Sunday, October 31, 2010

Nieuwe and Oude

Look. Aren't we constantly looking for the new? I mean aren't we constantly looking at the old? Yes.

Just about this time of year, late in the twentieth century I was in Amsterdam, so old and so new. I'm always impressed how Europeans, those people living in what some here in the U.S. refer to as "Old World" manage to keep it fresh and contemporary. Witness my little blog post on the stenciled walls of the Oude Kirk and the Tropenmuseum: a study in contrast.

Please come right in and straight up the impossibly steep stairs. I'm pouring you another glass of one of those delicious Dutch beers and inviting you to gaze out the window of my temporary digs in a 17th century Dutch canal house. There right across the Oudezijds Voorburgwal canal is the Old Church, the Oude Kirk, the oldest building in Amsterdam.

"Our" front door

View of Oude Kirk

OK let's go back downstairs across the canal and to the church. It's a short walk. Step inside where it's rather dark and a bit cold which is apparently just what some creative parishioners thought and so they stenciled warm and bright patterns here and there.

So that's some of the old painting in Amsterdam. Get on your rickedy old bike and let's go over the the Tropenmuseum for some nieuwe.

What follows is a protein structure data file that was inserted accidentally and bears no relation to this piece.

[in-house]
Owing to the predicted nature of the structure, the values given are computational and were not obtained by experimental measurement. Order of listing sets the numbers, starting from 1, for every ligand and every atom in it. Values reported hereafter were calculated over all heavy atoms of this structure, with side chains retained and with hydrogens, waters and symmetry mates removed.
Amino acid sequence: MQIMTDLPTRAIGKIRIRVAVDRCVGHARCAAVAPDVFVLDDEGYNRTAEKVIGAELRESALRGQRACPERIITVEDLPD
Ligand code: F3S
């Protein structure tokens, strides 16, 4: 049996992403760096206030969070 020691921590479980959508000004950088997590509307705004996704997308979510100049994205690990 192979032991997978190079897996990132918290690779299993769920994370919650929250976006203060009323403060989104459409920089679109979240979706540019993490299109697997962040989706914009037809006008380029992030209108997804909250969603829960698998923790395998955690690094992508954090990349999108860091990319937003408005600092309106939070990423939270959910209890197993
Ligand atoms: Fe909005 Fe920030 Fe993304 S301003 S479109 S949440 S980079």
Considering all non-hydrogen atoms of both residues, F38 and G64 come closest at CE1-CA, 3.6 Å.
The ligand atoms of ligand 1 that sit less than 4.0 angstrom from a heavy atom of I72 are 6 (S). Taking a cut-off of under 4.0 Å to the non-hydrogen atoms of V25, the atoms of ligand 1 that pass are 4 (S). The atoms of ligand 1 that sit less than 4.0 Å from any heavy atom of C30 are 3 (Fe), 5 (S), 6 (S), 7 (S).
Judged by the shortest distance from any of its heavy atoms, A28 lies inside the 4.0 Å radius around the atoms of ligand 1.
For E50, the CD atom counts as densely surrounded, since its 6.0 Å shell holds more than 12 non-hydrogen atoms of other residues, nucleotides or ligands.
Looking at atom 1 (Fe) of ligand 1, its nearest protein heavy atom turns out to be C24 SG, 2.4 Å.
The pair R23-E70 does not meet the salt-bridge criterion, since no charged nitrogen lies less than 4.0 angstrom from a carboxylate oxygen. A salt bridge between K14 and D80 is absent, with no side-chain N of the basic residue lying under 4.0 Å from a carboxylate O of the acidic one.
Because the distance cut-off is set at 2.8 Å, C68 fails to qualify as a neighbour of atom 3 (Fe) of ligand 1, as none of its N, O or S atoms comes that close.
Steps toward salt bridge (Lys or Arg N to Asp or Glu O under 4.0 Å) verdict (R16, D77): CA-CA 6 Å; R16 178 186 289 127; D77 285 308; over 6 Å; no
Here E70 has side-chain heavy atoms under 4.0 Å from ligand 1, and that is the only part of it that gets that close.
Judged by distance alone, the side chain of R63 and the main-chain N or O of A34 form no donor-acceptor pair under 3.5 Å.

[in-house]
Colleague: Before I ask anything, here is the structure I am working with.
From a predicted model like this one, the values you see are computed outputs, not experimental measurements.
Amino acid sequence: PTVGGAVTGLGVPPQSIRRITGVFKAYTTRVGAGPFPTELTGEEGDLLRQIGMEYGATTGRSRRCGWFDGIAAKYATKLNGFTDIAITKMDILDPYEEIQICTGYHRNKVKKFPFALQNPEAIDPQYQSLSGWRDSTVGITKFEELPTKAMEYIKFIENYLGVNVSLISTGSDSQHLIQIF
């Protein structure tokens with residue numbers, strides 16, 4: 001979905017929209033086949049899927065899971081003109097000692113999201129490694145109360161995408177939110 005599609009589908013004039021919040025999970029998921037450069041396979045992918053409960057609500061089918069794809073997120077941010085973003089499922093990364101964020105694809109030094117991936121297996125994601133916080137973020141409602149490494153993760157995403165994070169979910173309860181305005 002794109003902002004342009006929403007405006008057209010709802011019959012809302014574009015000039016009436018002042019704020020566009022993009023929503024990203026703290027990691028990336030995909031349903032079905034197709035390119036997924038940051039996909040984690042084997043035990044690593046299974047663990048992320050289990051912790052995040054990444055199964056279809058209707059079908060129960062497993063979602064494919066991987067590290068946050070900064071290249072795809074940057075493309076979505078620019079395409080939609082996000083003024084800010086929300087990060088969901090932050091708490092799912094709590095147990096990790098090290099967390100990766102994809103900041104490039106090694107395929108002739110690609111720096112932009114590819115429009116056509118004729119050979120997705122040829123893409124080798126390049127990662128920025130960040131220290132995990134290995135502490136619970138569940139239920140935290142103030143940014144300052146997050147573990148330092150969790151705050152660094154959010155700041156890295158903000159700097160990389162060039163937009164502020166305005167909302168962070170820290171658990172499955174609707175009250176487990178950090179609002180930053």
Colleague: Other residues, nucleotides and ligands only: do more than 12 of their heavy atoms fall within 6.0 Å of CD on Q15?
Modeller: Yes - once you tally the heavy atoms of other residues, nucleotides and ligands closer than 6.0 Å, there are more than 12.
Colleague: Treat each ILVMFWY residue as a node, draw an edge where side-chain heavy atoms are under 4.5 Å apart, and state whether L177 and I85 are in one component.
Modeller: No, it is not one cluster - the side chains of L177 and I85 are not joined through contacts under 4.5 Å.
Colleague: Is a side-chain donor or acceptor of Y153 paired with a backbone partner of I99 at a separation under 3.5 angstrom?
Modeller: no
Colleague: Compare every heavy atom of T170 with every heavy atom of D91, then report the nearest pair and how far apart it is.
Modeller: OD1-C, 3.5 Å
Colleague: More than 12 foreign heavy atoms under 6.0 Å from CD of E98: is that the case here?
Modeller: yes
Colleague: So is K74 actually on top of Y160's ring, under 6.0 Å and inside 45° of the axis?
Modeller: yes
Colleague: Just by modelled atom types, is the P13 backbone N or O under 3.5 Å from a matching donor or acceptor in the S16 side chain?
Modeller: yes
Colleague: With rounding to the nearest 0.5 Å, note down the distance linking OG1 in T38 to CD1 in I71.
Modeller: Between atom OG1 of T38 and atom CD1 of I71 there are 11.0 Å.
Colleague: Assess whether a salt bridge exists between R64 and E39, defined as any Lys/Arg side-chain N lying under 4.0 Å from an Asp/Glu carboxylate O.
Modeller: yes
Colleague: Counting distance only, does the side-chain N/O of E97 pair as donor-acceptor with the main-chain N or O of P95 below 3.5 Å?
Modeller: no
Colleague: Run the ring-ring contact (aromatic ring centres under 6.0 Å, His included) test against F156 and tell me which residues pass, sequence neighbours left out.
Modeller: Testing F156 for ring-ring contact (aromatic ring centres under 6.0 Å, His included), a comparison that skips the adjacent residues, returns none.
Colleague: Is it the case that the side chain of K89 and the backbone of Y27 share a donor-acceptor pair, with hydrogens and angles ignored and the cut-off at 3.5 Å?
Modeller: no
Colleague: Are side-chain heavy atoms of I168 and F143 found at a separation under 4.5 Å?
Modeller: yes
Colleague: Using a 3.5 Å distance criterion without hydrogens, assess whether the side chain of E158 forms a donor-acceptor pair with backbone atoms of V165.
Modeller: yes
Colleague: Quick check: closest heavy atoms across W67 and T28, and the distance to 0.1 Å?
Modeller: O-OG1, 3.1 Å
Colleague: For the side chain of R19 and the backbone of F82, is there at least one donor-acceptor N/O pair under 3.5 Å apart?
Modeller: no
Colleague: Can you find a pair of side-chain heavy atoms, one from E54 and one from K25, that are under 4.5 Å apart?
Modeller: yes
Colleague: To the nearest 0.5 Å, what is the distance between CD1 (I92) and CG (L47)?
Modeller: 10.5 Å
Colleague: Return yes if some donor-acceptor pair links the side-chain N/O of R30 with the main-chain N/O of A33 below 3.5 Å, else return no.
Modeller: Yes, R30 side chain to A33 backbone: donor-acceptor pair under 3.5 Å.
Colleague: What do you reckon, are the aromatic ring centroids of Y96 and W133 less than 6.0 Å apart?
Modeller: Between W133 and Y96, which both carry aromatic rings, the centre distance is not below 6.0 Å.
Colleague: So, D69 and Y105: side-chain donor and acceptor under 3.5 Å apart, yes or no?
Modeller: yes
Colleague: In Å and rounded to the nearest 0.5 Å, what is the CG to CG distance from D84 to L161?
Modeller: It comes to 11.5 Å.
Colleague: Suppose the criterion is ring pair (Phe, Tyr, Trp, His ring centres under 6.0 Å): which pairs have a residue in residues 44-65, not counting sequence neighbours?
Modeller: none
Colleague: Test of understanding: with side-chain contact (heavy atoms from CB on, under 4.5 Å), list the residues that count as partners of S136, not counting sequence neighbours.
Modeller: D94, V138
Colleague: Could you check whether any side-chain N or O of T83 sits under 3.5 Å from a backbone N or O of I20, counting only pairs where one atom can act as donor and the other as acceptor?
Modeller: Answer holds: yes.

Now would you do me a favor and stop using "Old World" in conversation or anywhere else. I sort of loathe that term. It's so meaningless. Do you see my point?

Be seeing you!

Monday, October 18, 2010

Meeting Street

Hello Blog Readers!

(Please click on photos to enlarge.)

Did I ever tell you about the work I did at The Planter's Inn? It was long ago, 1999 or so. I painted a mural for the bar. The bar may have a name but I don't know it. I do know the name of the restaurant adjoining. It's The Peninsula Grill and I have some work there as well, two of my mirror pieces. You can see part of one of those on the Planter's Inn website but I'm including my own photos of the mural because I happen to have a few, though not especially good ones. (Position your mouse/cursor over the small picture above and click for a larger version.)

Charleston, S.C. is the peninsula/city in reference. That's where bar, restaurant, and Inn are. I'm thinking of Charleston because I'm currently working on another mural that's going to be installed there, well near there. I'll blog about that later. So back to Charleston, you should go. Great historic architecture and lot's of tasty places to eat. If you don't want to splurge for the Peninsula Grill you might try Hank's Seafood. I've been there a few times I think. I met Harry Connick Junior there and he bought me dinner! OK, it wasn't just he and I. It was probably a table of eight or so and I was there because it's the location of another of my Charleston murals, a frieze. Amelia Handegan designed the interiors for the Grill and Hank's and she was starting a project with Harry. I was just along for the ride but I do remember Harry vividly. Really sort of wild and boisterous as if he were drunk but he doesn't drink. And yes he liked my painting too.

What do you think?


I've been to the bar since I posted this entry and took some more photos which I've added below:

These new shots give a truer account of the atmosphere.
OK, one more drink then let's think about dinner.
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